The No. 1 Problem in America Today
|By Andy Snyder, Founder Manward|
“Respect your elders,” we told the young man.
“What’s an elder?” he struck back.
Oh boy. Knowing when to hold ’em and when to fold ’em, we gave him our business card and walked away.
The knowledge our oldest generation is taking to the grave is a hot topic these days… and not just among grumpy old men worried about society. Economists and industrialists are quite worried about a rather fresh trend in our culture.
Some folks say the start of this trend can be traced straight to Henry Ford and his assembly line.
What Ford did is no secret.
He took the assembly line techniques long used in the nation’s packing houses and brought it to the realm of complex manufacturing.
He cut the time it took to build his iconic Model T from 12.5 hours to just 93 minutes.
With 13,000 workers, he managed to build more cars than all 300 or so of his competitors… and their more than 66,000 workers.
And while Ford got rich and added serious horsepower to America’s economy, he also stirred something that was quite peculiar.
He bragged about it. But today, we’re not so sure of its effects.
The Devaluation of Knowledge
When Ford first started making cars, he needed talented folks to machine the parts and assemble them just right. It wasn’t a job for a man off the street.
But by the time his assembly line was running at full speed, Ford didn’t need to wait around for his skilled laborers. Each man had just one job… and it was a simple job.
It was the birth of the unskilled laborer… and the death of generational knowledge.
That’s what has so many thinkers worried these days.
Put in our words, it’s the death of Know-How.
We see it in the stock market… where data aggregators like Google and Facebook are leading the markets forward, pushing industrial beasts like General Electric straight out of the Dow.
We see it in our schools… where shop class is a thing of the past.
And we see it in our politics… where America – the country that invented it all – now needs to compromise and threaten just to get its skilled jobs back.
|Making Manufacturing Good Again
As the world’s leading economy, we should be sending our products to technologically desperate countries around the globe. But, alas, the opposite is true.
Manufacturing in the U.S. is stagnant. It hasn’t grown in more than a decade.
Since 1979, our nation’s population has grown by 40%. And yet the number of folks working in skilled manufacturing has fallen by nearly half.
That’s fine, the economic progressives will shout. Those folks are now employed in higher-paying tech jobs. The new blue-collar worker, they’ll tell you, isn’t a plumber or electrician… he’s a coder or data analyst.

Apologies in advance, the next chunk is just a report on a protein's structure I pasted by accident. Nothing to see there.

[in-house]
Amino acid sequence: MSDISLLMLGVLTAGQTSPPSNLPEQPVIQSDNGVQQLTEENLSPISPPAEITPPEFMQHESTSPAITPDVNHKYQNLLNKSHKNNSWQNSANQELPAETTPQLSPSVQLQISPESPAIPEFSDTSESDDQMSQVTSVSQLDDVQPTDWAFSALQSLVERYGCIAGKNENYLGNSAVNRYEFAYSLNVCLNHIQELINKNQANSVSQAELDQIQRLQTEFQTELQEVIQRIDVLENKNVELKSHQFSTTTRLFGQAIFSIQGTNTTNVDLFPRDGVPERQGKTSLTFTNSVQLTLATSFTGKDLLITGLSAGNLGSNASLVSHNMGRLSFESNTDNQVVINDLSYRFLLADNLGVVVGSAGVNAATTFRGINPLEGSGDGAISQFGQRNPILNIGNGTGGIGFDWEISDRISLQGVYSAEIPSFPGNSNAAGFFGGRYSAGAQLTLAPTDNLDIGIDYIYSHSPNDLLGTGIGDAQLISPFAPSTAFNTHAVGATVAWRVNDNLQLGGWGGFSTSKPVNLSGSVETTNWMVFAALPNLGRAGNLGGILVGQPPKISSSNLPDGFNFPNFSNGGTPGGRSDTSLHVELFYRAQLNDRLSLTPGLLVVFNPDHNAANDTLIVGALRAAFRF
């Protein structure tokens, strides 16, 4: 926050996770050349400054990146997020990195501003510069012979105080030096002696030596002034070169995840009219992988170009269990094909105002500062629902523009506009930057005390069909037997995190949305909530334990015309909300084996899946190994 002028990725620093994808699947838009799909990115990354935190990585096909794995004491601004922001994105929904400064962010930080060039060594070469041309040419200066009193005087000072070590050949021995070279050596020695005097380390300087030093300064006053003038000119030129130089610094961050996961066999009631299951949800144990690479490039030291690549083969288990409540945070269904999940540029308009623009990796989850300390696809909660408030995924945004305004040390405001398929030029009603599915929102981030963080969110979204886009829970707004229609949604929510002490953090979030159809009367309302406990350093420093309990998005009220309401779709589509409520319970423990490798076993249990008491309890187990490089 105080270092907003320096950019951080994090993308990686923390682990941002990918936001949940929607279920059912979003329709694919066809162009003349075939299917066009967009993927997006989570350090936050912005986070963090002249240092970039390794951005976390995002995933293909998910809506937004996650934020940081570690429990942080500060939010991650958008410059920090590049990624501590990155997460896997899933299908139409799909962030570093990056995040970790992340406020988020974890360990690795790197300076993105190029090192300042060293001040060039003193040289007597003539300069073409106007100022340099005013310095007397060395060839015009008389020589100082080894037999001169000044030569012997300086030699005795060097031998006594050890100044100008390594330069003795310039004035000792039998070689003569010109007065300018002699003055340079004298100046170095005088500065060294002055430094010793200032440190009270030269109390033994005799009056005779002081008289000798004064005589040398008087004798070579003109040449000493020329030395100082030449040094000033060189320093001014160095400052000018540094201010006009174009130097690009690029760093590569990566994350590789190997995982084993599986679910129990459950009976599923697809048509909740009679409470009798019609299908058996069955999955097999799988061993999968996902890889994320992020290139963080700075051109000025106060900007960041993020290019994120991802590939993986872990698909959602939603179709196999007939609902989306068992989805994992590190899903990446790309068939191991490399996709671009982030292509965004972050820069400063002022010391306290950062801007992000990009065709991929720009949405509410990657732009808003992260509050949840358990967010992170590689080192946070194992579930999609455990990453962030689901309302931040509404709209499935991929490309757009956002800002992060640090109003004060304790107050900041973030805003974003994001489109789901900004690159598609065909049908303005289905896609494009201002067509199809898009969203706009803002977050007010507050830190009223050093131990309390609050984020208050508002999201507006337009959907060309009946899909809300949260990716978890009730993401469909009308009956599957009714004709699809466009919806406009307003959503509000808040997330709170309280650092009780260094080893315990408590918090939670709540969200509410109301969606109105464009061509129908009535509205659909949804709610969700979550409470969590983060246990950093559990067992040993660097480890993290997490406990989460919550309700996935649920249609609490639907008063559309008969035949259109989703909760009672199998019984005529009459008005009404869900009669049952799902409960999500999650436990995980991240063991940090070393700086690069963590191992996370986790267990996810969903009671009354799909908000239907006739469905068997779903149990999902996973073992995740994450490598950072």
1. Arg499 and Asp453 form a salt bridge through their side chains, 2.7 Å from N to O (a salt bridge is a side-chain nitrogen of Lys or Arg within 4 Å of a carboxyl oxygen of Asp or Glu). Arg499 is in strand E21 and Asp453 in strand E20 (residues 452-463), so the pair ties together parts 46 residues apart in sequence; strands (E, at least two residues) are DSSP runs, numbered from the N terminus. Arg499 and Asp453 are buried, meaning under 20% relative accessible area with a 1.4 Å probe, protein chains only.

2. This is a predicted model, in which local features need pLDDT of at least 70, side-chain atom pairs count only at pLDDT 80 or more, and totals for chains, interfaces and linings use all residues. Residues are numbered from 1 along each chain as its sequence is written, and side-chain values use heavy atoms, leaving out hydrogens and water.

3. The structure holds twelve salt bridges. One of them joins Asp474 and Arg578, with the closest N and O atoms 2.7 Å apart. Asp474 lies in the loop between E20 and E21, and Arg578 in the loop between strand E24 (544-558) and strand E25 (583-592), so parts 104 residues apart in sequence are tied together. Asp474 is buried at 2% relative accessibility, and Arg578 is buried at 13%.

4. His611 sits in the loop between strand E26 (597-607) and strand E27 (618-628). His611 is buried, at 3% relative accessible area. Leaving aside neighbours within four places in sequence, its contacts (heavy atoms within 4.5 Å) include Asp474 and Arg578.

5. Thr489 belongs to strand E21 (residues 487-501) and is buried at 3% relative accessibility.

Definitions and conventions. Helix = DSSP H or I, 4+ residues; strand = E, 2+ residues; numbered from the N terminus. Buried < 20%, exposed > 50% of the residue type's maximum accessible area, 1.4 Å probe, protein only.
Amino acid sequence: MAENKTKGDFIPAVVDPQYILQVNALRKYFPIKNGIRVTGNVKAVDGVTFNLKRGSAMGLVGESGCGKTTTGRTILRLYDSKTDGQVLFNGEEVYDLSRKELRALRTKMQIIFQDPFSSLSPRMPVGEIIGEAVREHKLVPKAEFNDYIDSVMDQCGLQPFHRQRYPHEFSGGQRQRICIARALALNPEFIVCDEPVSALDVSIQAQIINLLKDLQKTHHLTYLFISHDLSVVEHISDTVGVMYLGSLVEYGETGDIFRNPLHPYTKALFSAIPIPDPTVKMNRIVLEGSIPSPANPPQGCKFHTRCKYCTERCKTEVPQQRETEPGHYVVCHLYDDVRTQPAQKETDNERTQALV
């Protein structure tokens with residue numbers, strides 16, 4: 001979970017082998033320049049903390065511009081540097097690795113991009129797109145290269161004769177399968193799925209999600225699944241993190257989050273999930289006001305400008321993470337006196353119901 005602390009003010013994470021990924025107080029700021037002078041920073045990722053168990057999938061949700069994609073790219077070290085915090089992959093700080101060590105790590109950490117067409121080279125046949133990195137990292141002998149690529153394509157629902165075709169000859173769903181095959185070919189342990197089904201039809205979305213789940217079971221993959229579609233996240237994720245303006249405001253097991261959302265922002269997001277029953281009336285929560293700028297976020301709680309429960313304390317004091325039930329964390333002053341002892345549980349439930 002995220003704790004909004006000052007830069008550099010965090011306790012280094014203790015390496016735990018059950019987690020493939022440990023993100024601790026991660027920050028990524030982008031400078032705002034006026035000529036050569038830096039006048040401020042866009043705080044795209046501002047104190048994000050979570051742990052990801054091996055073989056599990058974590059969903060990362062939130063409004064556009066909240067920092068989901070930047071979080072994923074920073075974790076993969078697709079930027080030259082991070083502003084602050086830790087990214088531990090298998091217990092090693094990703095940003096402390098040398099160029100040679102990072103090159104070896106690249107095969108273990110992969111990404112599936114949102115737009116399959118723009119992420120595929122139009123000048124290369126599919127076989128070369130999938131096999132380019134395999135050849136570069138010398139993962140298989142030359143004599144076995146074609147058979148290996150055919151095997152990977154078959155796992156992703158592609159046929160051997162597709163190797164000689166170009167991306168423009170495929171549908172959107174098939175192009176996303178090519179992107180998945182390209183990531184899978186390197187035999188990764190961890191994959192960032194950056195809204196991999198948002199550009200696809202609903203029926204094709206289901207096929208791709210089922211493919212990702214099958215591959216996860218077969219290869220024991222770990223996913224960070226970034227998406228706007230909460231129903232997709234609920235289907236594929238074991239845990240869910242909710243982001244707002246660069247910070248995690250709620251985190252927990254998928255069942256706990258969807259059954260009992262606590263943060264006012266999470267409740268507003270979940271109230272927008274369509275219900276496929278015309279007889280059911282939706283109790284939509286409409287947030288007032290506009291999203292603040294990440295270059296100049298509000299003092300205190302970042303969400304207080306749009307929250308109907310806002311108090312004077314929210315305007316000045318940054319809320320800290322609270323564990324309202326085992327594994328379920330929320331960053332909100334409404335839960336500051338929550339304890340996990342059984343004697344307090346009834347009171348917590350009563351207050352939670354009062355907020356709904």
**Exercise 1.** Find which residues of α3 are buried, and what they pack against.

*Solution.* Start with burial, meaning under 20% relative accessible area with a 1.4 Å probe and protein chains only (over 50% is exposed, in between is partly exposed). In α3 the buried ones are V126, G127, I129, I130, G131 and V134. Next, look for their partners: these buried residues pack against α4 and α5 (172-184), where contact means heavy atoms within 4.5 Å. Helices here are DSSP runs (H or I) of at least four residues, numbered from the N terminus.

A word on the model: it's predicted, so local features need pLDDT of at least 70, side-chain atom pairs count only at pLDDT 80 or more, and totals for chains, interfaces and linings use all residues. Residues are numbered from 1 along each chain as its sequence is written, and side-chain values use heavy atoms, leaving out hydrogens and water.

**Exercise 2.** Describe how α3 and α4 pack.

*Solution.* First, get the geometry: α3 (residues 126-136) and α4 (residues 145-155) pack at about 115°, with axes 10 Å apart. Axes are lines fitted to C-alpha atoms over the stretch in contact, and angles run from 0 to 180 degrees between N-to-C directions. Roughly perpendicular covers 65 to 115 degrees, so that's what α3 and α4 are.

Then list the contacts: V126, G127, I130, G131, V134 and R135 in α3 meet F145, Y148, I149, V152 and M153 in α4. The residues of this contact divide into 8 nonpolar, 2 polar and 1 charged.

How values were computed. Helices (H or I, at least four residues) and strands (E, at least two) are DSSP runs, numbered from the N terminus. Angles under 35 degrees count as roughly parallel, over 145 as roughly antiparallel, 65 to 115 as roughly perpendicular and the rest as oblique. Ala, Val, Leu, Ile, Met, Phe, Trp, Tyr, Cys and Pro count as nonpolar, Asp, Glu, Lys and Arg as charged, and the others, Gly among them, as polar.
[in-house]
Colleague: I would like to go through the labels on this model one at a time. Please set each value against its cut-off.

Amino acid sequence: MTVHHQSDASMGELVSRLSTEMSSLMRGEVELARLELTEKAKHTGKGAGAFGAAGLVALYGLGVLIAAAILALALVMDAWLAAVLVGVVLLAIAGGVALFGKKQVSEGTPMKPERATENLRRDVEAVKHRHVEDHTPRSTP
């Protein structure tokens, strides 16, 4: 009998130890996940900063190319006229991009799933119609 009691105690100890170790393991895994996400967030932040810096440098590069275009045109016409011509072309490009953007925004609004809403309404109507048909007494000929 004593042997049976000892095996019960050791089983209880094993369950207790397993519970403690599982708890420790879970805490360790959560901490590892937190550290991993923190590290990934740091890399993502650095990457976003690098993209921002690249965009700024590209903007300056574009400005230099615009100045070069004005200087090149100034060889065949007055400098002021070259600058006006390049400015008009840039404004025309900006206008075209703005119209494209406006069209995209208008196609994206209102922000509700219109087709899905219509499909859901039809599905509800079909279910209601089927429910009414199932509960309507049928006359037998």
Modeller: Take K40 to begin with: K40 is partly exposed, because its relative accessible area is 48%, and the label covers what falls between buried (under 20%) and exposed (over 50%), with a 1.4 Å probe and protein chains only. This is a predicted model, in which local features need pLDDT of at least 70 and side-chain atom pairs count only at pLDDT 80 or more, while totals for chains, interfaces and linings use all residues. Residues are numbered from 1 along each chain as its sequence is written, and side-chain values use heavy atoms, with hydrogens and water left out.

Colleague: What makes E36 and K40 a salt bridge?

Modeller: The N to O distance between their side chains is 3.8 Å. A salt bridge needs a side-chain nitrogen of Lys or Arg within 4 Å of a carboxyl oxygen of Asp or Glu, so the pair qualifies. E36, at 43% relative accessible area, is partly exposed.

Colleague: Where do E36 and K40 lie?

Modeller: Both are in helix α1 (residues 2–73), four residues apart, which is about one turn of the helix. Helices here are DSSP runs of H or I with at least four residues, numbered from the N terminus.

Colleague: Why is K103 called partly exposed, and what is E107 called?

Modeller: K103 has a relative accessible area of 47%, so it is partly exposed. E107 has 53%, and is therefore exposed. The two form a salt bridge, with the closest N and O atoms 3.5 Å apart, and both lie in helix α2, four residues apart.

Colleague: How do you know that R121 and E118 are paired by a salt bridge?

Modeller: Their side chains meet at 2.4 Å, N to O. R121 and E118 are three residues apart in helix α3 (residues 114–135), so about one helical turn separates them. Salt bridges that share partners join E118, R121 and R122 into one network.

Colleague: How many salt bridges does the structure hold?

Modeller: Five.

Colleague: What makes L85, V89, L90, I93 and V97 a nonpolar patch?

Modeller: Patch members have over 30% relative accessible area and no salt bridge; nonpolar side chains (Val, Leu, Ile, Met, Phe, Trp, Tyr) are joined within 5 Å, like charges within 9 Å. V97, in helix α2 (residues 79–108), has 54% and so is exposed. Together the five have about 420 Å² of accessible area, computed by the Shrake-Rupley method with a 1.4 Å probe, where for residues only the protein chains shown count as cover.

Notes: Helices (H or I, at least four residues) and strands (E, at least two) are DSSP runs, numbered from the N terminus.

As an analog world turns digital, we face some serious hurdles.
We’re going to catch heat for writing such politically incorrect blasphemy, but the man who doesn’t know how to do things… is no good in our society.
He’s a taker… in a country desperate for more makers.
As American manufacturers close, we don’t just lose jobs, we export our Know-How and the industrial knowledge that once was used to build a strong economy and great nation.
When we export our skilled jobs, we export the Know-How to build machines. We export the Know-How to create innovative new processes. And we export the integral desire to get the job done.
In turn, we get a nation of specialists that know how to do but one thing. Take that thing away and they’ll wander like a sailor without his ship.
We’re already seeing the results.
Where a “Made in the USA” sticker was once a sign of world-class quality, the idea is waning today.
Now if you want a precise machine or a highly engineered product, you’ll make a call to Germany, Switzerland or, in a real change of the tides, Japan.
The Greatest Inheritance
It comes back to that idea we introduced at the top… respect your elders.
Farmers, tradesmen and even shop owners once handed knowledge down from one generation to the next. This Know-How carried as much weight as the trust funds so many Americans drool over today.
Our elders were held in high esteem not because of what they left behind when they died… but because of what they could share while they were still alive.
We listened to them. We learned from them. And we expanded on what they did.
But today, that’s not the case.
Generational Know-How is dead.
There’s a steady stream of workers carrying their laptops into Amazon at the start of each day. When they die, we may miss the man… but few folks will miss his knowledge.
Some folks call it progress. We say we’re in big trouble.
Know-How is everything.